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Baby’s First Tooth Brushing – When to Start and How To Do It

Baby dental care is an important start to a lifetime of good oral health.  Even before your baby sports their first tooth, get into the habit of wiping their gums with gauze or a soft wet washcloth during bath time.

Don’t worry about using any toothpaste just yet; a simple wipe down of the gums is sufficient enough as the bacteria in the mouth usually can’t harm the gums before the teeth emerge. Getting your baby used to having his mouth cleaned as part of their daily routine should make it easier to transition into tooth brushing later on!

Your child’s teeth start to appear around 6 months but sometimes it can be hard to tell when the teeth are starting to push through. If your child is healthy and still hasn’t sprouted his first tooth by the end of his first year, don’t worry – some children don’t start getting teeth until 15 to 18 months.

When your little tyke does get those teeth cutting through, you’ll want to look for a baby toothbrush with a small head and grip suitable for your hand.

Using a tiny amount of fluoride toothpaste (about the size of a grain of rice) gently brush on the inside and outside of each of your baby’s teeth, and if they’ll let you, try to brush the tongue as well. There is no need to rinse because you’re using such a small amount of toothpaste. Try to do this twice a day if possible.

When it comes to flossing, your baby’s teeth are probably far enough apart that you don’t have to worry about flossing. There’s no evidence that flossing baby teeth makes a difference. Flossing should begin when tooth surfaces touch and at the point that you can’t clean them with a toothbrush.

In concerns of fluoride, a mineral that helps prevent tooth decay by strengthening tooth enamel and making it more resistant to acids and harmful bacteria, your baby’s developing teeth can benefit from a little fluoride. However, while a little fluoride is a good thing for your baby’s teeth, too much of it can lead to a condition called fluorosis, which causes white spots to show up on your child’s adult teeth. This is why it’s important to use only the tiniest amount of toothpaste until your child is old enough to learn to rinse and spit it out.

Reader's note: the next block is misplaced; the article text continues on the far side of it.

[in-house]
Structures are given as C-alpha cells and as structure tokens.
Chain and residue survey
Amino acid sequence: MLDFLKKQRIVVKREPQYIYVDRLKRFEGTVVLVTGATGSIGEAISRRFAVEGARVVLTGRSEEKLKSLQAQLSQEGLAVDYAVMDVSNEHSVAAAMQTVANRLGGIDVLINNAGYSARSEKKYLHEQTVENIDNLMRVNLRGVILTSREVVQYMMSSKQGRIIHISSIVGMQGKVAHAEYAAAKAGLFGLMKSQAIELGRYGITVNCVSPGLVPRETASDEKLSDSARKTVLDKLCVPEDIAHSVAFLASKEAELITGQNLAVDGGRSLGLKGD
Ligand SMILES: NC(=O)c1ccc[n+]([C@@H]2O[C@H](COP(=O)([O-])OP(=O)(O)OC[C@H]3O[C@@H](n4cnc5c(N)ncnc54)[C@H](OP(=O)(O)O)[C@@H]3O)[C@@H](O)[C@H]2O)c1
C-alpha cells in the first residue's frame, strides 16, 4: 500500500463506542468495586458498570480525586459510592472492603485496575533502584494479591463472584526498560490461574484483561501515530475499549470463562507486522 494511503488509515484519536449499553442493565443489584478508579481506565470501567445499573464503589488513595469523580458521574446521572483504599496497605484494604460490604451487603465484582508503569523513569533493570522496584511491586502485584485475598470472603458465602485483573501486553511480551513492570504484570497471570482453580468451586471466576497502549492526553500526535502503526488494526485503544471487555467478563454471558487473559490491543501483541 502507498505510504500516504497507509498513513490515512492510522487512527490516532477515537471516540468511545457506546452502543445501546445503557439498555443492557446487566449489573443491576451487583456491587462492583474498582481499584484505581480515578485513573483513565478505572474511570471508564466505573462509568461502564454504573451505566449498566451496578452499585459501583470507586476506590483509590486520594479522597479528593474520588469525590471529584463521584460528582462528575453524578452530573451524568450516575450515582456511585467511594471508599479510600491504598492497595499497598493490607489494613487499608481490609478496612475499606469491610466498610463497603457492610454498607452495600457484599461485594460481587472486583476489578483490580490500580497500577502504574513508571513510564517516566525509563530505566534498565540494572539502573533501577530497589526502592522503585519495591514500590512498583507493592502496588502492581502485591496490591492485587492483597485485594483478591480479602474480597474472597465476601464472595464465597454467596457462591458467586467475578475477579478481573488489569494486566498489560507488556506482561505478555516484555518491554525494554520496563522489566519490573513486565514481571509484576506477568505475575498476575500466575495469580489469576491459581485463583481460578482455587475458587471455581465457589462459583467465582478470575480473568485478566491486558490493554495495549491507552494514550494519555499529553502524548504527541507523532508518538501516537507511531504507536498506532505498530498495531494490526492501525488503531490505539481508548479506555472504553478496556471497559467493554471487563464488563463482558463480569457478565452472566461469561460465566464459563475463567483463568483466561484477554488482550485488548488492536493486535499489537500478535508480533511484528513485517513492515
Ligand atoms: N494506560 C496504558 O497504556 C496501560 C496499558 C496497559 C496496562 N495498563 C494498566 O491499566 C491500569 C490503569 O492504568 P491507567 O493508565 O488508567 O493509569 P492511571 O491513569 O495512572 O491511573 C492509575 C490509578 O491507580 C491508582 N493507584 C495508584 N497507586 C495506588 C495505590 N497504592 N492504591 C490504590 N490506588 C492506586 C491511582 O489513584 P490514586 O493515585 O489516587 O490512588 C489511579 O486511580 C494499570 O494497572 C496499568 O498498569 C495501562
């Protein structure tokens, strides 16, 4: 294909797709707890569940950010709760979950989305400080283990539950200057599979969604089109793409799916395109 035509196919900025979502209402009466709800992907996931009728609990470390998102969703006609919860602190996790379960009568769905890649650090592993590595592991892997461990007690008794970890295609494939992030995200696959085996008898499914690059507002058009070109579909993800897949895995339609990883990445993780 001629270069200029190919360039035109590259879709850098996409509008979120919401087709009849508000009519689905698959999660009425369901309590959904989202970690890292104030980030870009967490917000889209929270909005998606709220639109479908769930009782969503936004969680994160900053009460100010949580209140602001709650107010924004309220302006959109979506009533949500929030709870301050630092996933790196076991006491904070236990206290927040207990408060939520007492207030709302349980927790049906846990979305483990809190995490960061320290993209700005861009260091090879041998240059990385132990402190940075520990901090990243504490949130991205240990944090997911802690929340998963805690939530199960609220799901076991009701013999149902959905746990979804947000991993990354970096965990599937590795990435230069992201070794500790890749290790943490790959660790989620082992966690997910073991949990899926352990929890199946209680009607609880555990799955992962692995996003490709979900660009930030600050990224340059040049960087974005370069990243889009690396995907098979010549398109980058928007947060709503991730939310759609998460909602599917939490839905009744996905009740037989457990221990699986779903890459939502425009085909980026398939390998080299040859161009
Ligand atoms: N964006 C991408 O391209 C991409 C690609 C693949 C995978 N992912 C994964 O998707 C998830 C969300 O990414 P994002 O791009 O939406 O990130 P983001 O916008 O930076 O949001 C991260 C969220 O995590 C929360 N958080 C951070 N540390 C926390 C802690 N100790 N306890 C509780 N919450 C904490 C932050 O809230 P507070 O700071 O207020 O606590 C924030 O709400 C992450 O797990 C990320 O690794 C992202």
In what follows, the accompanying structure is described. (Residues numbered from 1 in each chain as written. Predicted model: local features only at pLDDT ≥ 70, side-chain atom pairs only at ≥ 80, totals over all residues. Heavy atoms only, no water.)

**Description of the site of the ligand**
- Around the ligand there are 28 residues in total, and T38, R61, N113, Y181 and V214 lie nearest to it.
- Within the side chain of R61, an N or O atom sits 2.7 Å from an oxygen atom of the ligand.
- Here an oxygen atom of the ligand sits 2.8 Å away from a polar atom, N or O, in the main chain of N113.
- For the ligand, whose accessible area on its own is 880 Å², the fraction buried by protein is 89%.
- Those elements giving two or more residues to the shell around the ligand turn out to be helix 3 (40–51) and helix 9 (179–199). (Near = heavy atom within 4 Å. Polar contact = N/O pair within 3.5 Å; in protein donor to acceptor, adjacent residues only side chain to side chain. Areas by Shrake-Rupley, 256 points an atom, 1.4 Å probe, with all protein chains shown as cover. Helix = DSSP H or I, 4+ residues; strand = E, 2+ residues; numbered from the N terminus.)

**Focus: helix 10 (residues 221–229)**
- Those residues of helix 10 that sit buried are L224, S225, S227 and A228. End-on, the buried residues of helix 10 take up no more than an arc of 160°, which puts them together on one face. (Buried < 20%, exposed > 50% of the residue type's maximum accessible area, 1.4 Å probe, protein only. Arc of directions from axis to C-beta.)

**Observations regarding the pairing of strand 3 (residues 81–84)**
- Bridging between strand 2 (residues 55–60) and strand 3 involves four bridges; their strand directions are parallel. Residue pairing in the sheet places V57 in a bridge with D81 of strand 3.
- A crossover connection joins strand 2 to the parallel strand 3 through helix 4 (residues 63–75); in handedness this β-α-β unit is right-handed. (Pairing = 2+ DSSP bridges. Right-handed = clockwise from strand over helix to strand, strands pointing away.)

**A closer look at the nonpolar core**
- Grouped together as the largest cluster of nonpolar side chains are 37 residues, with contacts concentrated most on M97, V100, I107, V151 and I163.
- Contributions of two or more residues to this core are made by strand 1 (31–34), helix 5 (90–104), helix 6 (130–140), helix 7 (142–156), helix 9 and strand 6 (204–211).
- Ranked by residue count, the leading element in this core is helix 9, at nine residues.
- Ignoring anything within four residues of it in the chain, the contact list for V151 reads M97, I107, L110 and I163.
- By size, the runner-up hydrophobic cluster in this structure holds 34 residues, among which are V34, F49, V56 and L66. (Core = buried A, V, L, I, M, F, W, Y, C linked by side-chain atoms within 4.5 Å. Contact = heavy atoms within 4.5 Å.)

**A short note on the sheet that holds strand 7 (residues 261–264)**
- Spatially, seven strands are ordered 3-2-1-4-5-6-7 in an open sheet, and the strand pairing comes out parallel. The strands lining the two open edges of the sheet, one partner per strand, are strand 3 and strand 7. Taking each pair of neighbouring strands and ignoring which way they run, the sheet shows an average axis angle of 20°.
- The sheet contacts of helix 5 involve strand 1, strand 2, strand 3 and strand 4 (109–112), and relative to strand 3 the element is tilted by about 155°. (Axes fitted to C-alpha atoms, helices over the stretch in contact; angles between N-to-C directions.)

For the most part, the amount of fluoride your baby gets from toothpaste and water should be sufficient enough. Most municipal water supplies are fortified with adequate fluoride. (Call your local water authority to find out about yours). If yours isn’t, or if you get your water from a well, you might consider buying a test kit from your local health department, a hardware store, or a pharmacy.

It’s a general rule of thumb that it’s not a good idea to give your baby water until they’re about 6 months old. Until then, he’ll get all the hydration he needs from breast milk or formula. If the water that you use to make your baby’s formula contains fluoride, they’ll get fluoride from bottle feedings.

If the results show a fluoride content of less than .3 parts per million, ask your child’s doctor or dentist whether you should give your child a fluoride supplement. (The amount recommended for children under 3 is .25 milligrams per day). The doctor can prescribe fluoride in the form of drops that you can add to your baby’s bottle or cereal once a day.

Starting your child on a healthy dental routine from the get-go of teeth cutting will enforce the importance of good oral health and will help your child avoid dental problems through adolescence into adulthood.  Read more about making tooth brushing a fun experience for the whole family!

– Toothy 😀